Klondike Movie Review


Required Viewing

Reviewed for Film Factual by Abe Friedtanzer

Director: Maryna Er Gorbach

Writer: Maryna Er Gorbach

Cast: Oxana Cherkashyna, Sergey Shadrin, Oleg Scherbina, Oleg Shevchuk, Artur Aramyan, Evgenij Efremov

Screened at: Critics’ screener, LA, 11/25/22

Opens: November 3rd, 2022 (Ukraine)

The idea that history repeats itself is rarely invoked as an example of something good. Instead, it’s usually that an unfortunate event or trend has been permitted to happen once again despite the foreknowledge that society should have had to stop it ahead of time. Ukraine’s official Oscar submission for Best International Feature is an example of that miserable truth, showcasing the harrowing experiences of everyday Ukrainians whose lives are destroyed by the incursion of Russian forces, set in 2014 but all too relevant today.

Klondike opens on the heavily pregnant Irka (Oksana Cherkashyna) and her husband Tolik (Serhi Shadrin). Their hopes of an easy and peaceful delivery are brutally disrupted by an explosion that takes down a large part of their home. As they recover and try to restore walls and electricity, they find Russian separatists passing by and demanding resources. Irka’s brother Yaryk (Oleh Shcherbyna) pushes Tolik to leave and bring his wife to safety away from where they are, but Irka is determined to stay where she is and not to let anyone tell her that she can no longer live in her own home.

This film’s catalytic event is the real-life shooting down of Malaysia Airlines Flight 17 by Russian forces. Yet there’s absolutely nothing cinematic, and rightfully so, about that fatal crash that claimed the lives of all on board. Instead, it’s a disaster that takes place very close to Irka and Tolik’s home and which has devastating consequences for all in its vicinity. It’s impossible to identify anything from the wreckage, and those who do visit the scene do not have good intentions, eager only to find any culprits potentially responsible rather than to honor the lives lost.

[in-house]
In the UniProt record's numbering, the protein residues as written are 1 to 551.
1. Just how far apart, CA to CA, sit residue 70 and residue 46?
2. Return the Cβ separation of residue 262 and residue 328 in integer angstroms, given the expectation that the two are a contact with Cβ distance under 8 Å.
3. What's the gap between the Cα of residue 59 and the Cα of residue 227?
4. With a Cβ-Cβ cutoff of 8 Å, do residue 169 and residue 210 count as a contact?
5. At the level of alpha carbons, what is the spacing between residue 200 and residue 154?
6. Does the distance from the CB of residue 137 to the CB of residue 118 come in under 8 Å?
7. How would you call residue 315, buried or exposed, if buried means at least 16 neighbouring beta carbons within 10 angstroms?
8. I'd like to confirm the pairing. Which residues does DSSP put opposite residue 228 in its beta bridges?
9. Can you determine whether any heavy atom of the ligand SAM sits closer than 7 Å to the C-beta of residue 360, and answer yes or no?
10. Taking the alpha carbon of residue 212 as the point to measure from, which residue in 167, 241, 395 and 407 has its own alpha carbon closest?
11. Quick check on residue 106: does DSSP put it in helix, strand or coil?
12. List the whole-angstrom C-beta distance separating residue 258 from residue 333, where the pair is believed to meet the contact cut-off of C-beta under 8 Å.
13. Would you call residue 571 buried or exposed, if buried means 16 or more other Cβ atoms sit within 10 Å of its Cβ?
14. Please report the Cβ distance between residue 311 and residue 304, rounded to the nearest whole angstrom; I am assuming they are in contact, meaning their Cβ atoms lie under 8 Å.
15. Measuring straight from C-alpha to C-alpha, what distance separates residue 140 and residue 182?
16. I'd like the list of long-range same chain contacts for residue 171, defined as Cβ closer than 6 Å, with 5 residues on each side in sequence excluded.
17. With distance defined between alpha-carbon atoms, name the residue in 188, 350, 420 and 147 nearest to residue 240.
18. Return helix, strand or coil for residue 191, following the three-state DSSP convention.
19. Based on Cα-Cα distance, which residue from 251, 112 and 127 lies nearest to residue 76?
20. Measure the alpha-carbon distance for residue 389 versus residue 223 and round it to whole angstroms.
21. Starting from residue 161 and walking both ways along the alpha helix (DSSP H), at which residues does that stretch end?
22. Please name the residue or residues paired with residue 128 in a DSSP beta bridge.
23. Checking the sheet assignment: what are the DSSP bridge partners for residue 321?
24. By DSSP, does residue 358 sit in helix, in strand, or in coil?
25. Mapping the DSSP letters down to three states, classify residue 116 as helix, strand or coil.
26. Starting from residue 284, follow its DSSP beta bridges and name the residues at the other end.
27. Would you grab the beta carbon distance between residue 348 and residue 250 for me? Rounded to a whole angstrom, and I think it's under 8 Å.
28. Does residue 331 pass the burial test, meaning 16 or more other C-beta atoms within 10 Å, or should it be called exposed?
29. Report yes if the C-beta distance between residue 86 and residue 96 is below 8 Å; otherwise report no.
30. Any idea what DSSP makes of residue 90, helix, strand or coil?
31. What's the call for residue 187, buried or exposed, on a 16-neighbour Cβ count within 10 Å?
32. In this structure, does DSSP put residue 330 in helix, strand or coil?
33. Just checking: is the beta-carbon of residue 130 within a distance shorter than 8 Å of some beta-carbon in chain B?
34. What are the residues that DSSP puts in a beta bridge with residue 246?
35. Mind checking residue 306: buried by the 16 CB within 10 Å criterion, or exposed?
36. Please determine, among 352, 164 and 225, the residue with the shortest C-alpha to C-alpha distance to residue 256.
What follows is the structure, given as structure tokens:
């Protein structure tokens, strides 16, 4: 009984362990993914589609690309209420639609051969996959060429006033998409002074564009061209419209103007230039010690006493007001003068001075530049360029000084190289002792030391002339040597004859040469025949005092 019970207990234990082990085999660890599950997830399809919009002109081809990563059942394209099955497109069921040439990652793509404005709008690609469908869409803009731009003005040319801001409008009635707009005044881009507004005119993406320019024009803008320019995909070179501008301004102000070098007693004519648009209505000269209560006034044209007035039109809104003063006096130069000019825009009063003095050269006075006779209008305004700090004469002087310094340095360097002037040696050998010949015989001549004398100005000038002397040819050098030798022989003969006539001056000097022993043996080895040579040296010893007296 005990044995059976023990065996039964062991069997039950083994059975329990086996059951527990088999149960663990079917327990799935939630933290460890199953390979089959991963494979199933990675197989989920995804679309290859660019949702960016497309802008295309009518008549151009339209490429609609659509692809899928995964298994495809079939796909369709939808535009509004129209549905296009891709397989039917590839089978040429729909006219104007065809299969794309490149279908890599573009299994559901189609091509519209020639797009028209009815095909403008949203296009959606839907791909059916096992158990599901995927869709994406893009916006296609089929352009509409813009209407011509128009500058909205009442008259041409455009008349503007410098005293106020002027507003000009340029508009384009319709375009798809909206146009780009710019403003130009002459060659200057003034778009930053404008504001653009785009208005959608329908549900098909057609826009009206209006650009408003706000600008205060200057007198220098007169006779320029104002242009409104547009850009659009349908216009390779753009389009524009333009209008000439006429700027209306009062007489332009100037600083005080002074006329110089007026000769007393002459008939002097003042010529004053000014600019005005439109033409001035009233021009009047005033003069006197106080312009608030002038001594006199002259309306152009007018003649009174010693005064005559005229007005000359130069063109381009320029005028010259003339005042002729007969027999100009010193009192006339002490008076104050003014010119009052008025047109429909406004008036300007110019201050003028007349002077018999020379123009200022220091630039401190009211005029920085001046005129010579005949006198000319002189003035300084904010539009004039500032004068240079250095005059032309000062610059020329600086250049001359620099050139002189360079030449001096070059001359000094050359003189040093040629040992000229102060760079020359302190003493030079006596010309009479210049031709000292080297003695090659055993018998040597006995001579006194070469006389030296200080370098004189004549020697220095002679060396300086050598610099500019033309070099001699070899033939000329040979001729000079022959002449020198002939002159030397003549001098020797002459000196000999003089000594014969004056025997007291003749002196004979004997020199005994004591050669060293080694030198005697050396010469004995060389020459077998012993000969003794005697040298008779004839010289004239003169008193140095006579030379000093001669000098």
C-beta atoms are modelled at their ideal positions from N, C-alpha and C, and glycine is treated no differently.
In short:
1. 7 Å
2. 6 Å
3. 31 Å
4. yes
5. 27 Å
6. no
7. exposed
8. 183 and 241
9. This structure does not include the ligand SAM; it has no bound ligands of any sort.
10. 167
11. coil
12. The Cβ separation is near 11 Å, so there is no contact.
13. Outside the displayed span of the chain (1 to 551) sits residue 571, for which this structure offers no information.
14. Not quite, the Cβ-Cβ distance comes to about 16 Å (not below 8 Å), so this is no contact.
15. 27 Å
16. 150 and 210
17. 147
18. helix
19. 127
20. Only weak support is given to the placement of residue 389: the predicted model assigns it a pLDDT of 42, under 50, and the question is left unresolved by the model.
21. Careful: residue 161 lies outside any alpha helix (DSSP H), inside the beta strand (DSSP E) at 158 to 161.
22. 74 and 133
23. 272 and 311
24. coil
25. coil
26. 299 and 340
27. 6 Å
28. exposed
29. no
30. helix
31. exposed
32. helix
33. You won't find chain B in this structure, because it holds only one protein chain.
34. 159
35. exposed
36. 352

As a whole, Klondike is particularly plain and simple. It feels at times almost like a play, but one that is enhanced by its bleak, grim backdrops that show just how little there is around this one crumbling house. The ease with which outsiders could come in to what remains of it is also alarming, and this film helps to convey that need people feel to stay in their homes when all signs point to an unsustainable future and the need to pursue an immediate escape, if such a thing were even possible to achieve.

Due to its setting and the events surrounding it, there’s little joy to be found in this film. While that is surely accurate and there shouldn’t be any artificial addition of happiness, it does present a bleak picture which is daunting to engage with and far from inviting. That starkness works to the film’s advantage if audiences are willing to enter that space of misery and to find any brief release in small moments like when Irka is able to sit and watch television to forget for just a short time all that is going on around her.

The concept that less is more absolutely applies to this film, since the presence of elaborate sets or visual effects would have been distracting from an inherently human story, one that shows how people can change and turn on each other when the circumstances around them mold behavior into something that looks very different and isn’t held to the same standards. The performances from Shadrin and Shcherbyna are similarly without fanfare, expressive mostly of the anger and fear that come with being unable to control what is going on and being forced to make difficult decisions for survival. Cherkashyna is the film’s beating heart, and her strong will as she contends with imminently giving birth in a world deteriorating fast around her is gripping. Klondike’s themes are potent, but ultimately its disturbing and upsetting qualities make it challenging to permeate.

100 minutes

Story – B

Acting – B+

Technical – B

Overall – B

Required Viewing

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